By Georgine Obwana
A bullet released from a gun chamber rips through the body with devastating consequences especially when the target is the head. The effects of a gunshot are greatly inconceivable. But breast cancer is not a bullet much as the news about it is also devastating, scary and shocking to patients diagnosed with it. The feeling of ‘I may not make it’ is inevitable. Then, hopelessness, fear, uncertainty and misperception finds fertile ground to settle in. The whole treatment journey is exceptionally challenging, exhausting yet chastening at the same time.
Speaking about breast cancer has time and again made our human component lost in an ocean of statistics and studies, often making us forget to realize how important it is to share real life stories of survivors who have been affected by a disease that is distressing millions of people. It is inspiring and humbling to hear from bold, generous individuals who are willing to open up and share their honest versions of perseverance, survival, compassion, joy and strength on how cancer has impacted their lives.
October is Breast Cancer Awareness Month (BCAM); an annual global campaign aimed at raising awareness about the impact of breast cancer. It is key the public understands and appreciates what cancer is. It’s effect on life’s trajectory. For persons distraught by the disease, it is crucial that they learn the significance of acceptance, slowing down and seeing things for what they are, caring more about the purpose of life, being in the moment of transition, as well as appreciating the emotional knowledge one gains although this is very tricky.
This year’s BCAM theme focuses on “buddying up with one another because no one should fight cancer alone”. Patients ‘can’t do the cancer thing’ alone, they need to let people in as a support system. This helps them as well as those closest to them, go through it together. The more patients shut people out, the harder it is for all to conquer the battle against cancer.
COVID-19 pandemic and its seclusion has also created upheaval for many cancer patients illuminating a lot to be desired. What is happening and I believe continues to happen is that certain mammograms are often misdiagnosed contributing to drug resistance. We also shouldn’t quickly forget that breast cancer awareness and advocacy needs to erase gender from the discussion. It’s important for the public to know that any gender can suffer from breast cancer.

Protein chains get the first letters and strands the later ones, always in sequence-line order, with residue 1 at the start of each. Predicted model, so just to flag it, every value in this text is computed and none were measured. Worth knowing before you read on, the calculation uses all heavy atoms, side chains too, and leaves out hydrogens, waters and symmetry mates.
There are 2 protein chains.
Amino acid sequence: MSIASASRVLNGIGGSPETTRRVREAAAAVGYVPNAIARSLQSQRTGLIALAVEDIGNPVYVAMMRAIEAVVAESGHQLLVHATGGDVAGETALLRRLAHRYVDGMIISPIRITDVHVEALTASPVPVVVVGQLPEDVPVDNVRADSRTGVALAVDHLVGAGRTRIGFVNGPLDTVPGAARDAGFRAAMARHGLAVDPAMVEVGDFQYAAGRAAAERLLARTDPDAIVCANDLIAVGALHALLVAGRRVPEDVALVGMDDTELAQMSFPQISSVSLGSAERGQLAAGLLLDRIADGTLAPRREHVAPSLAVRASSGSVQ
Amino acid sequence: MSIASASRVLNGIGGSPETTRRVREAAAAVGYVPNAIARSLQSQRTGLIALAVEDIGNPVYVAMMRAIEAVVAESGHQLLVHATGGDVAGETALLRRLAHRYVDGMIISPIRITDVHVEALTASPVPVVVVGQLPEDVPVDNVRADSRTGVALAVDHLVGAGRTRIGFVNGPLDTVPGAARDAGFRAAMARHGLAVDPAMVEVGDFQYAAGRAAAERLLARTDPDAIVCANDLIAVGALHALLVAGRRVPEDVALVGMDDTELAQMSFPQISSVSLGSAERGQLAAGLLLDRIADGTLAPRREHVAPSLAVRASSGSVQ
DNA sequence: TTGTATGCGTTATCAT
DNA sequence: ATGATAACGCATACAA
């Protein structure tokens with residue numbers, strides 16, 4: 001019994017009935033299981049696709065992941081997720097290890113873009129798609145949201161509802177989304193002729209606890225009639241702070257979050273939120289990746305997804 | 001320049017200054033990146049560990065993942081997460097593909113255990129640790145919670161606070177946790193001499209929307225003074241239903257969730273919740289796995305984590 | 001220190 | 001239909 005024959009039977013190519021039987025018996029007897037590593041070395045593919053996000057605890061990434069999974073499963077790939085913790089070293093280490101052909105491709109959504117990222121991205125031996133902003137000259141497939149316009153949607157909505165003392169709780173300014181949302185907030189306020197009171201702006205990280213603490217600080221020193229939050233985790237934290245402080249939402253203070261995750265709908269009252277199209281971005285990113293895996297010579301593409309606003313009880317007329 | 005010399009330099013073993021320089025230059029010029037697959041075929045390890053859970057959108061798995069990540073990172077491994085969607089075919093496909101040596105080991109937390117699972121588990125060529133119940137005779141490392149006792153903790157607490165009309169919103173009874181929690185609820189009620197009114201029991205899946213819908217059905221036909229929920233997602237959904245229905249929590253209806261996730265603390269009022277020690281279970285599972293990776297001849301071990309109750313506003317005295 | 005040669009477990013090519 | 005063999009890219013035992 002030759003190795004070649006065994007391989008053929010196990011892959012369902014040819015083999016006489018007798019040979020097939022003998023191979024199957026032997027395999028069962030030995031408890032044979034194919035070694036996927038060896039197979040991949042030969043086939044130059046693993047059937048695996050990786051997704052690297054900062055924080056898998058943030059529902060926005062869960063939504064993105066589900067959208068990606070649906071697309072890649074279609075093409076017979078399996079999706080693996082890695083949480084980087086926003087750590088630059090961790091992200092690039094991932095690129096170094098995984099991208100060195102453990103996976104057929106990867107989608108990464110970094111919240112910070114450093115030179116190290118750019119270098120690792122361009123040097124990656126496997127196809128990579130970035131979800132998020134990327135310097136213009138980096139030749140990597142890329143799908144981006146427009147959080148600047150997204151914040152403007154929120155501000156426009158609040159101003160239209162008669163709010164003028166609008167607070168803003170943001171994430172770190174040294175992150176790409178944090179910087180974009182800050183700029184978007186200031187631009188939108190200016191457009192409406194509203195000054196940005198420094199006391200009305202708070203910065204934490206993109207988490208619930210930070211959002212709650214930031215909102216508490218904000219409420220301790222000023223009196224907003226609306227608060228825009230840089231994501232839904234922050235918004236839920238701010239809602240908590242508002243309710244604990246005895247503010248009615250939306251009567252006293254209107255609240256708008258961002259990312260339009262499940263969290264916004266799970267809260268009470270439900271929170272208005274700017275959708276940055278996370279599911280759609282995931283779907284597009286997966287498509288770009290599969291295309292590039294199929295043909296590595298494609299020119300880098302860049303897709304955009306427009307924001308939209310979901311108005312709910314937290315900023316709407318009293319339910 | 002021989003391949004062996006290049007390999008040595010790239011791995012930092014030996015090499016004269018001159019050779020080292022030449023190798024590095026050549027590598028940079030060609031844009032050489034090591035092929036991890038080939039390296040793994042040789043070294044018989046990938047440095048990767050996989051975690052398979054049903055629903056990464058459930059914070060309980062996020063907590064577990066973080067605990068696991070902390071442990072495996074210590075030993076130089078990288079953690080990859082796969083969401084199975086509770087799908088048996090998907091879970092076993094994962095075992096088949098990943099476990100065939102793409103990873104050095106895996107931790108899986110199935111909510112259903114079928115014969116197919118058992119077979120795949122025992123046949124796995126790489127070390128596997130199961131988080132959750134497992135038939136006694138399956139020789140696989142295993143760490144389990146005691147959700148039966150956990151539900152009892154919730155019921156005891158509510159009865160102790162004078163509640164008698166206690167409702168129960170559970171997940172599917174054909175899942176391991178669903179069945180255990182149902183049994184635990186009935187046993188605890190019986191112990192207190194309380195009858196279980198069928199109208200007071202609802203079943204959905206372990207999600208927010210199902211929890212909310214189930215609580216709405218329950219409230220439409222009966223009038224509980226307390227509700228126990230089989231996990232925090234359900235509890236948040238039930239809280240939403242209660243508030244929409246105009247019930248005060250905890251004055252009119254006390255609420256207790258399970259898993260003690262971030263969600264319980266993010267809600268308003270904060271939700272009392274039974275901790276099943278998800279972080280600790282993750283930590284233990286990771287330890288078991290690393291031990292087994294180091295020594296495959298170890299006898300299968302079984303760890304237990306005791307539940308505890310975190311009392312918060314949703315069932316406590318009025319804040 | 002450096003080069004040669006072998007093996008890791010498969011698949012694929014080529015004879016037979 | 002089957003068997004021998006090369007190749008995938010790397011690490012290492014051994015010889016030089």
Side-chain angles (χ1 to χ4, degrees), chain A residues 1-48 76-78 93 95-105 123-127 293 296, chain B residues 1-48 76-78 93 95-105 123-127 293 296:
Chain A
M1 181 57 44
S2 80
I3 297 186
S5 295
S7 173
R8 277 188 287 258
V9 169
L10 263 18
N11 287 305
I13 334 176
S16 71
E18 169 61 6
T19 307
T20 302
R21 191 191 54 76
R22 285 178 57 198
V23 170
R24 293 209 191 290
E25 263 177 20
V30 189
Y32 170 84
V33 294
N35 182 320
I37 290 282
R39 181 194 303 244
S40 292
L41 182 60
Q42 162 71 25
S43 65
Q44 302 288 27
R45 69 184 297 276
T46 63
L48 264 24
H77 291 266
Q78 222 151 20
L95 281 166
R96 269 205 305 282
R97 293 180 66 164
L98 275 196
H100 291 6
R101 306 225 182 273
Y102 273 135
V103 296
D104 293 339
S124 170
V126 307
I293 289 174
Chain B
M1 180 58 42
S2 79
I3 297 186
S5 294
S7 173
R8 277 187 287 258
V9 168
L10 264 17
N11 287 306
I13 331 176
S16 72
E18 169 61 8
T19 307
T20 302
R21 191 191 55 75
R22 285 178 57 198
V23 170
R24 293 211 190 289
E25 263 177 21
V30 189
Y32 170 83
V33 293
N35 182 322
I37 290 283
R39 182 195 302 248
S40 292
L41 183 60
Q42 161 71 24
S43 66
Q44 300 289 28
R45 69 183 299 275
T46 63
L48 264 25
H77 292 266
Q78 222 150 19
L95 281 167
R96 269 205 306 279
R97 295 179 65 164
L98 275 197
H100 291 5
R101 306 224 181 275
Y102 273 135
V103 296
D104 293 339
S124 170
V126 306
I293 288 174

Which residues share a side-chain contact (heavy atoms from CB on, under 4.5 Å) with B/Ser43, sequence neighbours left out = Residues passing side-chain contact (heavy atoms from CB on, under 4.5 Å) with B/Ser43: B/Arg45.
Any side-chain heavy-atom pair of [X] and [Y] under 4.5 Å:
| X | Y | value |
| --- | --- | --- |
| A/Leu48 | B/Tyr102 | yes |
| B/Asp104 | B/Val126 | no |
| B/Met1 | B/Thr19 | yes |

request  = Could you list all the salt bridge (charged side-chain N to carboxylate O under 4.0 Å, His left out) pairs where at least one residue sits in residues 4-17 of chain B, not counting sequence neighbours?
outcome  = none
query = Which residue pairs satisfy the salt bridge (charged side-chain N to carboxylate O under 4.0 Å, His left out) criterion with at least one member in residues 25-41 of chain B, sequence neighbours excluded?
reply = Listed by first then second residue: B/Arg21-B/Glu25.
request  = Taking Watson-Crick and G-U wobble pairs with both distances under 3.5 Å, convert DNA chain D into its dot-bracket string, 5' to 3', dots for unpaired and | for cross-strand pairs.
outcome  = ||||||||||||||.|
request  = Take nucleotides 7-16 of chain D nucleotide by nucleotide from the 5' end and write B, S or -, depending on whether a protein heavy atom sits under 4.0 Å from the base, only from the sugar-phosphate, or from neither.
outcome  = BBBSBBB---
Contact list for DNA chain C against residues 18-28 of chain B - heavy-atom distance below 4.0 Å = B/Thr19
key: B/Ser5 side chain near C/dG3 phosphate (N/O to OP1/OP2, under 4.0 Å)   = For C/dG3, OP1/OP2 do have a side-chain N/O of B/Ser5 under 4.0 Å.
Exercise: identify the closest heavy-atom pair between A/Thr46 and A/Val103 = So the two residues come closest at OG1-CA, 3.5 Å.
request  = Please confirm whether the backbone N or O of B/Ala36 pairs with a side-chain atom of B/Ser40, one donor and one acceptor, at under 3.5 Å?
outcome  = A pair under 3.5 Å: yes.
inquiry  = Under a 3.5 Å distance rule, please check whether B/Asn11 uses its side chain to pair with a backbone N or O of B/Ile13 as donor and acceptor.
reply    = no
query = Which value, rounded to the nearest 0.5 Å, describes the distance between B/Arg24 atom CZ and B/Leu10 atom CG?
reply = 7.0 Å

As for patients, preparing yourself for how others will react to your diagnosis is key. Set boundaries where you feel you need space as you be mindful of those who want to become your ‘doctor’. Lately everybody has a doctorate degree on the internet and they ooze with all sorts of information. Always remember to do what feels good. Never blame yourself, anybody else, or even your own body because it didn’t do anything wrong.
Many people think of breast cancer as an inherited disease. But only about 5–10% of breast cancers are believed to be hereditary, meaning they’re caused by abnormal changes (or mutations) in certain genes passed from parent to child. The vast majority of people who get breast cancer have no family history, suggesting that other factors must be at work, such as environment and lifestyle.
Proper nutrition is key for breast cancer prevention. Practicing healthy dietary patterns comprising vegetables, fruits, protein etc coupled with physical activity helps the body build strong immunity to fight cancer attacks. Studies show that maintaining a healthy weight and limiting alcohol consumption are behaviors that can help lower breast cancer risk but they can’t guarantee you’ll never get the disease. It’s still important to get regular screenings, perform breast self-exams, and pay attention to any unusual changes in your breasts.
If you’re not living life on the edge, you’re taking too much space. Take it in mind that sometimes cancer returns, sometimes it doesn’t, so whereas you have survived it and have the time to be here, kindly ride this life until the wheels come off. Breast Cancer is not a dislodged bullet from a gun’s chamber. It can be reversed. It can be conquered -and the time to act is now.
The writer is the Program Officer -Civil Society Alliance for Nutrition Uganda (CISANU)